“The tattoo is a semicolon, which means that the story is not over yet. When you see someone with that tattoo, most likely you’re seeing a person who either has attempted to end their life or continuously struggles with suicide ideation. In my case, it’s both. Seeing my own tattoo at all times reminds me to keep fighting. That’s why I chose not to hide it, but keep it visible on the wrist, which is the typical area that people associate with dying by suicide.
Mental health problems, like depression, anxiety, and bipolar, are brain disorders. Sometimes I’m afraid to say I have a mental health issue. I’m not coocoo—I just happen to have a brain disease! I wish people realized that there are indeed chemical imbalances, among other complications, that mess up big time how I interpret my surroundings. They produce distortions of reality that result in angst, sadness, anxiety, and confusion. From the perspective of someone whose brain isn’t working properly, suicide appears to be a logical and solid coping mechanism.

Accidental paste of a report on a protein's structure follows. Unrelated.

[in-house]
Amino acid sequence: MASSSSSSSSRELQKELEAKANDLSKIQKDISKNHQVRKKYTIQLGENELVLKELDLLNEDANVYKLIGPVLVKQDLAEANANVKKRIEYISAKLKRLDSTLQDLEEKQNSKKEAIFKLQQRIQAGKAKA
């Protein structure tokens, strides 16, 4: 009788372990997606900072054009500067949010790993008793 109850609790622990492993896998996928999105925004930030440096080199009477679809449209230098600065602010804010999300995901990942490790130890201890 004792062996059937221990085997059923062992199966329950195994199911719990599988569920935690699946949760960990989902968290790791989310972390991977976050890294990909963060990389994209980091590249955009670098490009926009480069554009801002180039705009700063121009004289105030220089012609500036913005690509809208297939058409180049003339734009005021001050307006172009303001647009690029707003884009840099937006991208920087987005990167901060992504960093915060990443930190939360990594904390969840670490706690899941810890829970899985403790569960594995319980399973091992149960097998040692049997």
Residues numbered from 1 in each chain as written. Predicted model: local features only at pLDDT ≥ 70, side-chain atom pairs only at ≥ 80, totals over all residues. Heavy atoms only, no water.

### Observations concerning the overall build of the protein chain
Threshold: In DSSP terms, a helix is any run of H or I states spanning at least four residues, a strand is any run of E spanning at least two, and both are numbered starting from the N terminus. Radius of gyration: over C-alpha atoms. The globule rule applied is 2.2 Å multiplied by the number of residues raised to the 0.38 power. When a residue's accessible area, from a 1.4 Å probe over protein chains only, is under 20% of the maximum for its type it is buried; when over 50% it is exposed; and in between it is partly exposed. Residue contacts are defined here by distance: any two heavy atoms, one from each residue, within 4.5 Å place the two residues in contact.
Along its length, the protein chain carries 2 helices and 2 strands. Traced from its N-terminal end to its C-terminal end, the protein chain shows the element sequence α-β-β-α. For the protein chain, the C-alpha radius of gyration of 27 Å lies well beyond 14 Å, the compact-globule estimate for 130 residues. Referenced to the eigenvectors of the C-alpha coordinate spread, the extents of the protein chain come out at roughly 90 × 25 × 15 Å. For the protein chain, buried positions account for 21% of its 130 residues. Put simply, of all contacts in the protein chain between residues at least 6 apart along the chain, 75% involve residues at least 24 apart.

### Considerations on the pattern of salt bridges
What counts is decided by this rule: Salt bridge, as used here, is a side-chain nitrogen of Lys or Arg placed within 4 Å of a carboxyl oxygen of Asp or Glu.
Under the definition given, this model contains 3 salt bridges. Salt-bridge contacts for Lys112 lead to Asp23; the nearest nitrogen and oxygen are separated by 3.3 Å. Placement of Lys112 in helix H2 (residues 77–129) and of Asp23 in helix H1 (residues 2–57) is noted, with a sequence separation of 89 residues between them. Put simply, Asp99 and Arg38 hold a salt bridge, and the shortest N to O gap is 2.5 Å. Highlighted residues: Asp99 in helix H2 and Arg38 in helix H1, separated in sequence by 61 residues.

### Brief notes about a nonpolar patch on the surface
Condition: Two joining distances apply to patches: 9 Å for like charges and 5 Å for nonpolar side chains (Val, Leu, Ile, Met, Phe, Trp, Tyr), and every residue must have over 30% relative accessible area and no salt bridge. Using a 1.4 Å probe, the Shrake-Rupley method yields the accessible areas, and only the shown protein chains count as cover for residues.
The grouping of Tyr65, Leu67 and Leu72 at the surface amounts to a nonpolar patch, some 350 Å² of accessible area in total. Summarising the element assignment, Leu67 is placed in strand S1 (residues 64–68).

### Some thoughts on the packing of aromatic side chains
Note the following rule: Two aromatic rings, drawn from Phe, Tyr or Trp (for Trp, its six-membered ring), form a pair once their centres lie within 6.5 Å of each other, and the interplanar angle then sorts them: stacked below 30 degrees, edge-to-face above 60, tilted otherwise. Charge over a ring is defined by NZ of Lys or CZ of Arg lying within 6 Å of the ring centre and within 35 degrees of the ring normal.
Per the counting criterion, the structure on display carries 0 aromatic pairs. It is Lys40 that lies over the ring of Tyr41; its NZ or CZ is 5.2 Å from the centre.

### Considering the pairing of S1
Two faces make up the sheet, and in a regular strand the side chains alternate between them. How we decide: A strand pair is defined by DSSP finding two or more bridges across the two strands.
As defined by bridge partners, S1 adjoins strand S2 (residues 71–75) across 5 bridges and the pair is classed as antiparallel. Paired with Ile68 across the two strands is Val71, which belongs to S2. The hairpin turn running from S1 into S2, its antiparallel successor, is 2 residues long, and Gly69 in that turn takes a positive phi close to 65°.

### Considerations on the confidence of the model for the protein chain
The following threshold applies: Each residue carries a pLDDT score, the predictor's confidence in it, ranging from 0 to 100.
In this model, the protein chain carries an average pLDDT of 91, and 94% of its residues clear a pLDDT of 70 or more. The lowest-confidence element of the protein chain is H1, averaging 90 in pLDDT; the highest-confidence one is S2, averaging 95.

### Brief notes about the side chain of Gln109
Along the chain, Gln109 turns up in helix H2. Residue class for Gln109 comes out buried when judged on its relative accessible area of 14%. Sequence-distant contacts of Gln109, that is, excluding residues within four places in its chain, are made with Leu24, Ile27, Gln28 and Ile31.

In times I’ve been dangerously close to dying by suicide, I wasn’t desperate or even anxious. At the time, it seemed to be a totally rational choice. That’s a huge distortion of reality. That’s what brain disease does to you. It is the malfunctioning brain that causes a person to end their own life. It is also a defective brain that causes certain types of cancer. Yet, we do not say that someone committed cancer! To be totally honest, I sometimes wish I had cancer. The stigma would be gone and I’d even be treated as a hero. Then I could die ‘in peace’ and everybody would be sad, but not judgmental.”